As Coreen Faulkner stood at the Higgins and Pine intersection Tuesday afternoon, an unleashed dog ran up to her seeing eye dog, Kaiah, wanting to play. Kaiah’s natural reaction with the loose dog jerked the leash in Faulkner’s hand, pulling her as she struggled momentarily while the other dog’s owner quickly said “sorry, sorry,” then chased after her dog’s trailing leash and walked away in embarrassment.
It was a typical hindrance for Faulkner while walking around downtown Missoula. On Tuesday, she was part of a group of about 25 people discussing the obstacles facing those who are visually impaired and wheelchair-bound. While the city strives to comply with the American with Disabilities Act, sometimes even the best intentions fall short.
As the group left the Health Department building at 301 Alder St., the problems became apparently immediately. Peter Drakos tried to maneuver his self-propelled wheelchair down a curb cut to cross the street, but got stuck after quickly rolling down the ramp then trying to push up about a 5 percent grade just to reach the middle of the street — where once again he rolled down toward the curb and bumped across the cracks to access the sidewalk.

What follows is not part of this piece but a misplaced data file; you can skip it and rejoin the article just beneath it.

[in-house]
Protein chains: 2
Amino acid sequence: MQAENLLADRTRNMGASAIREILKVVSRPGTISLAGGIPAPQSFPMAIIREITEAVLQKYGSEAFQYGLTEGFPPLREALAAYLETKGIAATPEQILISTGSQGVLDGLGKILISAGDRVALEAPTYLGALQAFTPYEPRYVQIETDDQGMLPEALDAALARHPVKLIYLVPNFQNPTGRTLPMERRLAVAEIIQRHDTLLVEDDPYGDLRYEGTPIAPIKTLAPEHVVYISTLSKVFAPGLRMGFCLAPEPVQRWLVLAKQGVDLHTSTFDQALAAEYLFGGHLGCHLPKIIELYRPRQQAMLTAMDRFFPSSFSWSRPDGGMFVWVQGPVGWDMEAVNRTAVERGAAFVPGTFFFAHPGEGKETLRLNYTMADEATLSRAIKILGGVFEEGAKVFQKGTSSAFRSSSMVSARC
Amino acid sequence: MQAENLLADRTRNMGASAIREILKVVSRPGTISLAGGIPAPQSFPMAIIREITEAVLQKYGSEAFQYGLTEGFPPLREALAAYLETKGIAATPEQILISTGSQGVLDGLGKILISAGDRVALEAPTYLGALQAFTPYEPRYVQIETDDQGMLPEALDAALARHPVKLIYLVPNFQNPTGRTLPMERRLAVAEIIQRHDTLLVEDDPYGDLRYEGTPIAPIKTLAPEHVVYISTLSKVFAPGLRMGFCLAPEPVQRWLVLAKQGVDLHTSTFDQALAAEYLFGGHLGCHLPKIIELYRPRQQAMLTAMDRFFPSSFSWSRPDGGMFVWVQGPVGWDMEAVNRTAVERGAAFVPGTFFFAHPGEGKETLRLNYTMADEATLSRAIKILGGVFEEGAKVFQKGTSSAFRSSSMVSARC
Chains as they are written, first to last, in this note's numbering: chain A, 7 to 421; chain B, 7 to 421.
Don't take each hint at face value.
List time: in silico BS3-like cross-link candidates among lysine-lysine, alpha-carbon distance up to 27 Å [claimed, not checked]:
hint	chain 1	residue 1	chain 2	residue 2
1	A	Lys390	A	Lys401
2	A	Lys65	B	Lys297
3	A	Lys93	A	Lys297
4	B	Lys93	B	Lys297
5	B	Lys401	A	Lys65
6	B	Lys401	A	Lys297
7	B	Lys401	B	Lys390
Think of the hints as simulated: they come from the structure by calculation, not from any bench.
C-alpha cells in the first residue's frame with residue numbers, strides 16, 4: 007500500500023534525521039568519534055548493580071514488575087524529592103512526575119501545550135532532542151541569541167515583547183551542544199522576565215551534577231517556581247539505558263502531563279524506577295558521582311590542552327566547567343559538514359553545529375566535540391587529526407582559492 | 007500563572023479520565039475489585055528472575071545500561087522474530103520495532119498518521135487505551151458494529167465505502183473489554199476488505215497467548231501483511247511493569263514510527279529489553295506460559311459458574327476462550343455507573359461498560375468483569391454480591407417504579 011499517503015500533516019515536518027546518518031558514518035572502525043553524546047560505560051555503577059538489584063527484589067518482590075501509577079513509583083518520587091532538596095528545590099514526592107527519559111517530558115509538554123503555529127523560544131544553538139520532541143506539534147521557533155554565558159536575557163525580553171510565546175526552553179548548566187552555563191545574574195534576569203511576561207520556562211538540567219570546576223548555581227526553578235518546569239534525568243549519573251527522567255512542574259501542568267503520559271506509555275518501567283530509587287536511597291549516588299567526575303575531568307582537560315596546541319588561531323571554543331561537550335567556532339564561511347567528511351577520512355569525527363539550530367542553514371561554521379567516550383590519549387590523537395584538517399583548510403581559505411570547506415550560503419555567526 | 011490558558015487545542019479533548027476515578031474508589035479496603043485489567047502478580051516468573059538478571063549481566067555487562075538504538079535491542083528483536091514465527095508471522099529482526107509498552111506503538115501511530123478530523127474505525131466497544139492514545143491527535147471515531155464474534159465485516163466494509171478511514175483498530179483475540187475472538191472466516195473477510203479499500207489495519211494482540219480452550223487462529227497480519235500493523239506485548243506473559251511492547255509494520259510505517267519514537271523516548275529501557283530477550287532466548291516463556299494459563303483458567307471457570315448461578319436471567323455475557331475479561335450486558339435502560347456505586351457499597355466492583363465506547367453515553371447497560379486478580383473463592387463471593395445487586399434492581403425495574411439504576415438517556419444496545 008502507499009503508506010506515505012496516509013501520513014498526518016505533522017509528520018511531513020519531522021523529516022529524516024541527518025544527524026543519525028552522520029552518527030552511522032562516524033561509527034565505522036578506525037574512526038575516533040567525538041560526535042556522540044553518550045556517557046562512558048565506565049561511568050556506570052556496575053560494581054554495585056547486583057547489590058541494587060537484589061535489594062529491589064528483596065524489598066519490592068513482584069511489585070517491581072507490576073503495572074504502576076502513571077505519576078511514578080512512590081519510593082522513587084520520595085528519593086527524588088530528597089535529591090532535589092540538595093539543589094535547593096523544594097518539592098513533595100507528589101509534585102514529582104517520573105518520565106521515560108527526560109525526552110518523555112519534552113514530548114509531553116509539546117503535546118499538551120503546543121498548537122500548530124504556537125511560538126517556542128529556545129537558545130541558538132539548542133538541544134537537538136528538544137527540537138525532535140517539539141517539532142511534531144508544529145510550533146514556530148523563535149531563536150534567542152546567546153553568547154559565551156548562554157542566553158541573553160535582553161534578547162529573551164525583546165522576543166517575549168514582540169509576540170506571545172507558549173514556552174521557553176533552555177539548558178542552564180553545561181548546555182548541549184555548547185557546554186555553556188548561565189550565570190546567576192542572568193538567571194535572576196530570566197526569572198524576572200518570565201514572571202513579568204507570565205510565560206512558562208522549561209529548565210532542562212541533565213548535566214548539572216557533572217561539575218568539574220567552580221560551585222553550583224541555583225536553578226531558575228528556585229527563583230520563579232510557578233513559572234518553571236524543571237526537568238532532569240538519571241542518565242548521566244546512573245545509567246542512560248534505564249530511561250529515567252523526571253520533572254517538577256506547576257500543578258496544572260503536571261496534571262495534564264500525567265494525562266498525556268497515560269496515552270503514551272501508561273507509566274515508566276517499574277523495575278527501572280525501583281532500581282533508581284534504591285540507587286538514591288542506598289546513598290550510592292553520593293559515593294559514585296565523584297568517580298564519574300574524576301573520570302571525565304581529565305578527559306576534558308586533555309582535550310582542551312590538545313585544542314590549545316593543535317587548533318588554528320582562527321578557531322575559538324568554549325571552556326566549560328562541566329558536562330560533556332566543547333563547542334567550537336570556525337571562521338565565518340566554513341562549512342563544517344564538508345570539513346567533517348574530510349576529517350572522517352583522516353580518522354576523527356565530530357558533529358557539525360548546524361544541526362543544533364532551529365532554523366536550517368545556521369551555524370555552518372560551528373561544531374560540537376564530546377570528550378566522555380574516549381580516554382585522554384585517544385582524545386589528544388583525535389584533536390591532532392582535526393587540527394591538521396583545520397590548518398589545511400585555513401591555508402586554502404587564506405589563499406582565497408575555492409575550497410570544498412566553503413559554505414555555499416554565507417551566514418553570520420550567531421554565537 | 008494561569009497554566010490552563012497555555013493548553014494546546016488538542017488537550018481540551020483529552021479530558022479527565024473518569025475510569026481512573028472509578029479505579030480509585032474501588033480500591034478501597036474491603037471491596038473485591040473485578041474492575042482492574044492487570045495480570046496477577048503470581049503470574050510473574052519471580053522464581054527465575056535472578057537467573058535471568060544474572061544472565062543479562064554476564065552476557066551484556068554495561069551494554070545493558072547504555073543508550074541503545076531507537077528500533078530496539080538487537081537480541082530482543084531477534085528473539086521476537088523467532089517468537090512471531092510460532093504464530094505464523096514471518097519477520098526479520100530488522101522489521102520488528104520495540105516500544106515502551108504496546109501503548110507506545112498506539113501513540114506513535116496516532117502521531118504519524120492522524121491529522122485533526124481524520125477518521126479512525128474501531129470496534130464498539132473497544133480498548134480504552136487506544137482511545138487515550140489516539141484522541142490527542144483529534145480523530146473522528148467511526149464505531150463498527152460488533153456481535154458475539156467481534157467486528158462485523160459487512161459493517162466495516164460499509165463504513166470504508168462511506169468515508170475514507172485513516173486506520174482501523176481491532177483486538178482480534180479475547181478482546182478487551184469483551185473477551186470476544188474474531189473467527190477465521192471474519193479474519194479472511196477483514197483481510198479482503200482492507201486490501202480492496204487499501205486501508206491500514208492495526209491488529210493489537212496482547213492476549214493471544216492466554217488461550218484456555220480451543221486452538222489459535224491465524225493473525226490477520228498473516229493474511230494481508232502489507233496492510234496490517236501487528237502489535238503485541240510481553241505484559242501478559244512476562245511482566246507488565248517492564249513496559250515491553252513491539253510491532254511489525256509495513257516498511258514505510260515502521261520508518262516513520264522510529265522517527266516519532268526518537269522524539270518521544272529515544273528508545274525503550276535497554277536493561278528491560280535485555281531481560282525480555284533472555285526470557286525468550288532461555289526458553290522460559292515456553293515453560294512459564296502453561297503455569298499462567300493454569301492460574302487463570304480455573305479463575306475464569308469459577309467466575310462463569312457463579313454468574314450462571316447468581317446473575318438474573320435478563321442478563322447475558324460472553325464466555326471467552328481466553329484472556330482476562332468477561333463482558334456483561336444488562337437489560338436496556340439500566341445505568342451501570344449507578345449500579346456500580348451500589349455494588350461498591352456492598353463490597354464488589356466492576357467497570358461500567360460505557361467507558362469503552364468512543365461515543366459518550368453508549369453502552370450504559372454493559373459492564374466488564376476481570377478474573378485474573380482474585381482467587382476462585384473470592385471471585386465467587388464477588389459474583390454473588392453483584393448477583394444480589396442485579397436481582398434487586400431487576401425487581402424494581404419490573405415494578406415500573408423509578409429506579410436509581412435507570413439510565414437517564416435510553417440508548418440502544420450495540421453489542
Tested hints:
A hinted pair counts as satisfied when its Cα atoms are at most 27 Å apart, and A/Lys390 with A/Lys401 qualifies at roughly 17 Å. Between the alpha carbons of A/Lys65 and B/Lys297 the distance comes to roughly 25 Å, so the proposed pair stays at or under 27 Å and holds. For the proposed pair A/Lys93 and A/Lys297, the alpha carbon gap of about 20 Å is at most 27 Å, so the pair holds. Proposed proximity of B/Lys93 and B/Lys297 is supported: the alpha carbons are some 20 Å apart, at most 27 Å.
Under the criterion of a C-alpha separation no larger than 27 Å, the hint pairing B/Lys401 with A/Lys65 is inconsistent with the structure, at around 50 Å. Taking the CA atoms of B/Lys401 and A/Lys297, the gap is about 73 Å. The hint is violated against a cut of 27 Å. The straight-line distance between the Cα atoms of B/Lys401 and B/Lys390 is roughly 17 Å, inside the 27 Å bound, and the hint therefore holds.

He made the crossing after a friend pitched in, then helped him navigate the rest of the sidewalk, where Drakos was challenged by manholes, packed snow and a driveway until he got to Higgins.
“It’s always interesting going down this sidewalk,” said Drakos, who volunteers on numerous boards including Missoula’s bike/pedestrian advisory committee. “You just have to commit through it, because if you want to get to the next block you need to take that chance.”